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New pharmacy regulator takes shape

Jackie Giltrow, Head of Regulatory Transition, Royal Pharmaceutical Society, discusses key points of the draft Pharmacy Order 2009 consultation

by Jackie Giltrow

Jackie Giltrow, Head of Regulatory Transition, Royal Pharmaceutical Society, discusses key points of the draft Pharmacy Order 2009 consultation


The proposals for pharmacy, contained in the February 2007 White Paper “Trust, assurance and safety — the regulation of health professionals in the 21st century”, passed a crucial milestone this week, with the launch of the draft Pharmacy Order 2009 consultation.

The Department of Health, on behalf of England and Wales, and the Scottish Government, are seeking comments between now and 9 March 2009 on the proposals contained within the draft Order, which will establish a new regulator for pharmacy — the General Pharmaceutical Council (GPhC).

The GPhC, which is expected to open its doors in 2010, will be responsible for the statutory regulation of pharmacists and pharmacy technicians, and the registration and inspection of pharmacy premises in Britain.

Why a new regulator?

The Government wants to harmonise the way that healthcare professions are regulated. In particular, it sees the new pharmacy regulator as:

  • offering a clear message that the quality and safety of patient care should be paramount
  • offering proportionate, risk-based regulation
  • giving accountability to the Westminster and Scottish Parliaments and independence of Government, professionals and all other interest groups
  • possessing agility — to have the ability to anticipate and respond to change
  • giving transparency and openness through increased involvement of lay people on the Council
  • providing a statutory framework for continuing professional development and standards for advanced levels of practice

To a large extent, this mirrors the Royal Pharmaceutical Society’s regulatory work now but, in the future, some of this work will be done differently.

The main changes in the thinking behind the new legislation relate to the link between standards of proficiency, and safe and effective practice. This link is not explicitly set out in the existing legislation and the Government wants to ensure that future regulation will focus on outcomes for users rather than process.

The major changes in the draft Order are outlined below:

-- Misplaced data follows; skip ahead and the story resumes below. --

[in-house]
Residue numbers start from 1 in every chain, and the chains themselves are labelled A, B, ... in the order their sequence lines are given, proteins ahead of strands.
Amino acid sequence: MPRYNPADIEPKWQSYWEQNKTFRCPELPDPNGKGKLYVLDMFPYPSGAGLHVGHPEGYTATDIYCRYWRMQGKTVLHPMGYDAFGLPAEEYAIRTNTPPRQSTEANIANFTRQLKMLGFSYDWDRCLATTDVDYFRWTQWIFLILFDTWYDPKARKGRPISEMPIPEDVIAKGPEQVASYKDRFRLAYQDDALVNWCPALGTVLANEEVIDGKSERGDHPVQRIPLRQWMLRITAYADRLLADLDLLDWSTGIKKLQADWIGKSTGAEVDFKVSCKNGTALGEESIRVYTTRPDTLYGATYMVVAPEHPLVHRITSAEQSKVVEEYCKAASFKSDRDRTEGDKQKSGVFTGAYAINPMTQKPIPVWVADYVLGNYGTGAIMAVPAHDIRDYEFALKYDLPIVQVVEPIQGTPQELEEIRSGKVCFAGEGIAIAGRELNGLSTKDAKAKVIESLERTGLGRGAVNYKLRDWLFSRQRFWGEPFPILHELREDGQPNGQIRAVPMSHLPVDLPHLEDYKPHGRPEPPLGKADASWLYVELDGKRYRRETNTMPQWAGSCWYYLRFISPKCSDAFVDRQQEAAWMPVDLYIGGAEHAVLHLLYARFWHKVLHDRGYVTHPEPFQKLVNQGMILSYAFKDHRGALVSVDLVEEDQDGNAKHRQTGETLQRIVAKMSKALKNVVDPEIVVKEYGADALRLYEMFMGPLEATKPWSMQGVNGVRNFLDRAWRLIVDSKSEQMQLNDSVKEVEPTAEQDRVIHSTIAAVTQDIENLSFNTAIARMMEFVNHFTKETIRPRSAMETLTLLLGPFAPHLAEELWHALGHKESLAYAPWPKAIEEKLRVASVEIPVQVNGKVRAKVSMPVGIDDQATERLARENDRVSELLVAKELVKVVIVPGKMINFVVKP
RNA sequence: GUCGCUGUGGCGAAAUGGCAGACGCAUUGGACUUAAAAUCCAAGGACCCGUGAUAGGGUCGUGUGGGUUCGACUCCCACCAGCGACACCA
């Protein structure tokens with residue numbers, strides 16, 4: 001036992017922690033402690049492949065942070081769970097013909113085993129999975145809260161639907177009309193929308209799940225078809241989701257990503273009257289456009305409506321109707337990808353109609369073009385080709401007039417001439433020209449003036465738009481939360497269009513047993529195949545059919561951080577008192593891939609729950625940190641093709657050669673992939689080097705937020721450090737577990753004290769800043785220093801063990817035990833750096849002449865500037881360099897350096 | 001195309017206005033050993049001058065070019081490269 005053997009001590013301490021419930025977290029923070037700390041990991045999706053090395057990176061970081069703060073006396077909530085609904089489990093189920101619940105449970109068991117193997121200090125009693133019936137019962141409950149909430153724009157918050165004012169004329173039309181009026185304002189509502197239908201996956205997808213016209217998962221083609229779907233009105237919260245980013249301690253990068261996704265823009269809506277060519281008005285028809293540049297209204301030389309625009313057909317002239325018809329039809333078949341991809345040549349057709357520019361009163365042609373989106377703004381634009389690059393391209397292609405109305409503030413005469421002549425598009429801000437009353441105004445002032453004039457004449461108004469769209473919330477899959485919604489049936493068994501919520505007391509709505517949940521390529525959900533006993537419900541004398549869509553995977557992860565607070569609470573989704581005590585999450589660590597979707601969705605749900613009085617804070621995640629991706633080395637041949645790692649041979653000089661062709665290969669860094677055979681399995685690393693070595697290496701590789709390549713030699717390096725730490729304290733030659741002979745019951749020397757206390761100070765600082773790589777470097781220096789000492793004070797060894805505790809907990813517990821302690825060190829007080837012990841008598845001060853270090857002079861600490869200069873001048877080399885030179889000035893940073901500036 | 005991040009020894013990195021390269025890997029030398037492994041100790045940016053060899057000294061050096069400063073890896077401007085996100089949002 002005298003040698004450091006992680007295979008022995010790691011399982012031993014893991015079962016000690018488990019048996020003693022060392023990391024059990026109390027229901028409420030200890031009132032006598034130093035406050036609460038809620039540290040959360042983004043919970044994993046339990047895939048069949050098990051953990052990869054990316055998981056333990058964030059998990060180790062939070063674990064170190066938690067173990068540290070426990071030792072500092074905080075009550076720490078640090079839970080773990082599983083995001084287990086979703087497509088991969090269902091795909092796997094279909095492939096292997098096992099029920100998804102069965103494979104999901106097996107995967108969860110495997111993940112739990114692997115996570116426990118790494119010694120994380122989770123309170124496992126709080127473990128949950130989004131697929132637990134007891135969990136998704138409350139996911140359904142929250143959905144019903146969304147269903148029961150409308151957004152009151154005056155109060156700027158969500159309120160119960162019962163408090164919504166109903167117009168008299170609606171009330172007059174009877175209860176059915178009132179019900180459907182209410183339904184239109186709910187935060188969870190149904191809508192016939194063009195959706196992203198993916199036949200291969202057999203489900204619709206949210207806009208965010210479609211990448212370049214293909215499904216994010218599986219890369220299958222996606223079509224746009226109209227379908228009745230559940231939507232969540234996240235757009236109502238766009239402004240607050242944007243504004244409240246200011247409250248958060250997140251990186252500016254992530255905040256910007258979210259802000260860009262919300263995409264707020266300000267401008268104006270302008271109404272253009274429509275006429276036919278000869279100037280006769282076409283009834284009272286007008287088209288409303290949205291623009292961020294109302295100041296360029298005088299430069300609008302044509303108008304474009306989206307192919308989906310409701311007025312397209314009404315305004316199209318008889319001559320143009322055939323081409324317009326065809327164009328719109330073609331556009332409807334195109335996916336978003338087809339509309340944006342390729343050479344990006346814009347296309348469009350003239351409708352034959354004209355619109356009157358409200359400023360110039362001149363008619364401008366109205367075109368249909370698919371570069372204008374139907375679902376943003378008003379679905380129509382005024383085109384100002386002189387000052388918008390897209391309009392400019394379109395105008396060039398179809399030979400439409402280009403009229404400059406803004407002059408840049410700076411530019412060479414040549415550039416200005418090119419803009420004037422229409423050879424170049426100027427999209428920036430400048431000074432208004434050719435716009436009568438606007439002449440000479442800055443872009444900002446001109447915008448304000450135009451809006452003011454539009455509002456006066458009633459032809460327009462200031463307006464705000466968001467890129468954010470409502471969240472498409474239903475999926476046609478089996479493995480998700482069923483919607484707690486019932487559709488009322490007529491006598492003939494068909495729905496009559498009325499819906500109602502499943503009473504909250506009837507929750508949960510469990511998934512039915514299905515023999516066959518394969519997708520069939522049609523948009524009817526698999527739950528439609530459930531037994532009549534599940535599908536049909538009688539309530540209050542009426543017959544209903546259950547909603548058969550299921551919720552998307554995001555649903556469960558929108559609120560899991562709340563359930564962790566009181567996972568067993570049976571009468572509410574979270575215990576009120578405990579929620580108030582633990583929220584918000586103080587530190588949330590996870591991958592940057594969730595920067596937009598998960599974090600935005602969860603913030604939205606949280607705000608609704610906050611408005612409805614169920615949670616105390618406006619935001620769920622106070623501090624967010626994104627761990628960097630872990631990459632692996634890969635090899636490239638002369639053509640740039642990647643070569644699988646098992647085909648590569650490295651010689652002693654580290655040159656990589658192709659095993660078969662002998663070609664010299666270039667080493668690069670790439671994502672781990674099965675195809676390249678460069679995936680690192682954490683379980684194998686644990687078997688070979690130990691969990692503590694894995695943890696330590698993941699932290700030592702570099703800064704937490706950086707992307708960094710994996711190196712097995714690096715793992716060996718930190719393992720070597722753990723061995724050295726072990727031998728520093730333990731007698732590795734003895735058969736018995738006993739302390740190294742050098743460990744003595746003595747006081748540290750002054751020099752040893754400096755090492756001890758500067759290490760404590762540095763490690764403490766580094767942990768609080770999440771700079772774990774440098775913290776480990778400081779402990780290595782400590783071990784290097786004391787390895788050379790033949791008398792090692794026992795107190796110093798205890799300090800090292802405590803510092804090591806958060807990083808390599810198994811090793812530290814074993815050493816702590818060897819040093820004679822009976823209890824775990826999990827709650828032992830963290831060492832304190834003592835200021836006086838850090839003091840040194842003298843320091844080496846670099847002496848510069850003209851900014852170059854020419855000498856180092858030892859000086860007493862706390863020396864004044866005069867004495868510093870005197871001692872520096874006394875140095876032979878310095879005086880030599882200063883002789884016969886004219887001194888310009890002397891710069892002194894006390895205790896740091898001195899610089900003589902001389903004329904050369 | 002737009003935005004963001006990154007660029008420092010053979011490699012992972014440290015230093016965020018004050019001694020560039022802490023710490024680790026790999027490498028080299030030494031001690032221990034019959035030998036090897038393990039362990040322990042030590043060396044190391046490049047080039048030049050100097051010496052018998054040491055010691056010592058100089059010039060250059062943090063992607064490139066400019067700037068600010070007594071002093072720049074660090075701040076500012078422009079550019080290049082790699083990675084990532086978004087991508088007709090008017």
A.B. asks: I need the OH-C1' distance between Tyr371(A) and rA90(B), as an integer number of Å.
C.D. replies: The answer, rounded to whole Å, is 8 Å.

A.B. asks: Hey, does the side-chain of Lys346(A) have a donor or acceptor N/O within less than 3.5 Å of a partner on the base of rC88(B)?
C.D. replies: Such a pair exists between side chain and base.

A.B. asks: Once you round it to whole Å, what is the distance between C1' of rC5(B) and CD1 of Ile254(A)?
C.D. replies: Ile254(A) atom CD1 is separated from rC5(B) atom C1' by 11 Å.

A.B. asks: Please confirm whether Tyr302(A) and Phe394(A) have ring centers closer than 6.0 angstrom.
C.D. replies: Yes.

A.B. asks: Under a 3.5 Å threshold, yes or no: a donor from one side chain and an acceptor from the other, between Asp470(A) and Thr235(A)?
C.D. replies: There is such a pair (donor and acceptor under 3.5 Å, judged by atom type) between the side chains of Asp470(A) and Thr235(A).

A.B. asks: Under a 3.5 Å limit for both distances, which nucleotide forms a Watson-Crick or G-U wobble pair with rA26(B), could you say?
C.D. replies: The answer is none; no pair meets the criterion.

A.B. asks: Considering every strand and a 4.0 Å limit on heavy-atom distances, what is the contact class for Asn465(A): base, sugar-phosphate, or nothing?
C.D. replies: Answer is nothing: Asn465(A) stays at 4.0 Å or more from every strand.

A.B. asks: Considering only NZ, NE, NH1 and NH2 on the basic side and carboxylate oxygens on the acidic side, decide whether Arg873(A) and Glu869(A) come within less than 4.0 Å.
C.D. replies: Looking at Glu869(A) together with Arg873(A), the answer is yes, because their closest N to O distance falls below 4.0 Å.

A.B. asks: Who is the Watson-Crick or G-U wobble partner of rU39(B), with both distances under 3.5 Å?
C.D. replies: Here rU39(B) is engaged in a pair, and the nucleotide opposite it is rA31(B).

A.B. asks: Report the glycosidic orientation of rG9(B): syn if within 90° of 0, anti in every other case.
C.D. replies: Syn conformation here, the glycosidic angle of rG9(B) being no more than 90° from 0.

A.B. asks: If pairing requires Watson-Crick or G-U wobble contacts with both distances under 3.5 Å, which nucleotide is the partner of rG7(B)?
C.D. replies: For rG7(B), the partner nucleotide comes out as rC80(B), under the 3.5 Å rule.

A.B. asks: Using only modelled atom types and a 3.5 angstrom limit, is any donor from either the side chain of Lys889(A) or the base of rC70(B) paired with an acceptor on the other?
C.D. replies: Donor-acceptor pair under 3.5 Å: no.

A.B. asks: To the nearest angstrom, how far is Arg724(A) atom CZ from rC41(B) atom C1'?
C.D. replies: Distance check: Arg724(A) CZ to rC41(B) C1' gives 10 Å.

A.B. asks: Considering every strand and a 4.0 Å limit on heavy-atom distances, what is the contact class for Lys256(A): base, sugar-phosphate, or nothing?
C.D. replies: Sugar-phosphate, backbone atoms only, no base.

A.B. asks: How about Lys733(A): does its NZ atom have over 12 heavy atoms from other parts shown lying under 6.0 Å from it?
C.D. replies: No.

The draft Order reflects the Government’s intention that councils of regulatory bodies must have, as a minimum, parity between lay and professional membership and that council members should be appointed, not elected.


The GPhC will be required to submit to both parliaments a report on the exercise of its functions, including a description of arrangements relating to equality and diversity, as well as a statistical report on fitness to practise functions, and a strategic plan.

Fitness to practise

It is proposed that the number of statutory committees is reduced from six to three, reflecting general Government policy and is intended to prepare the GPhC for the eventual transfer of adjudication to the independent Office of the Health Professions Adjudicator, which should be established after the GPhC.

These three statutory committees are

  1. the Investigating Committee (as before)
  2. Fitness to Practise Committee (effectively the Health and Disciplinary Committees rolled into one)
  3. the Appeals Committee (to handle appeals relating to registration and accreditation)

Premises standards

Currently, there are few statutory standards for inclusion of registered pharmacies in the Register and, provided that the appropriate fee is paid and plans submitted, the Society has little choice but to enter premises in the Register.

The draft Order includes provisions to rectify this, by allowing the GPhC to make rules covering standards to be met by registered pharmacies, owners of pharmacies (including bodies corporate) and superintendent pharmacists.

The GPhC will also be able to set its own fees for premises registration (currently done by the DoH).

Emergency provisions

The draft Order contains provisions that would allow several of the requirements of the Medicines Act to be suspended for the duration of an emergency (eg, an influenza pandemic) and allow the Registrar to register a pharmacy or a group of pharmacies and impose any conditions necessary relating to the physical state, safety and security of the premises where medicines are stored.


It is proposed that the GPhC will have one Register that will be split into parts (eg, for pharmacists, pharmacy technicians and premises) and that there will no longer be a non-practising register for either technicians or pharmacists.

Anyone who is not on the GPhC Register will not be allowed to describe him- or herself as a pharmacist, registered pharmacist, pharmacy technician or registered pharmacy technician.


The draft Order includes broad provisions for the GPhC to adopt a statutory CPD framework, the key elements of which will be set out in legislation.


The Society is urging all pharmacists and pharmacy technicians to respond to the 13-week consultation, highlighting that it offers a once-in-a-lifetime chance to play a part in shaping the new pharmacy regulator.

To submit your views to the consultation, visit the DoH website

Frequently asked questions

Jackie Giltrow, Head of Regulatory Transition at the Royal Pharmaceutical Society, answers some frequently asked questions about the General Pharmaceutical Council. She is working with the Department of Health on the establishment of the GPhC.

What will happen with my title and post nominals?

The use of the titles “pharmacist” and “pharmacy technician” will be dependent on an individual’s name appearing in the relevant part of the statutory Register of the GPhC.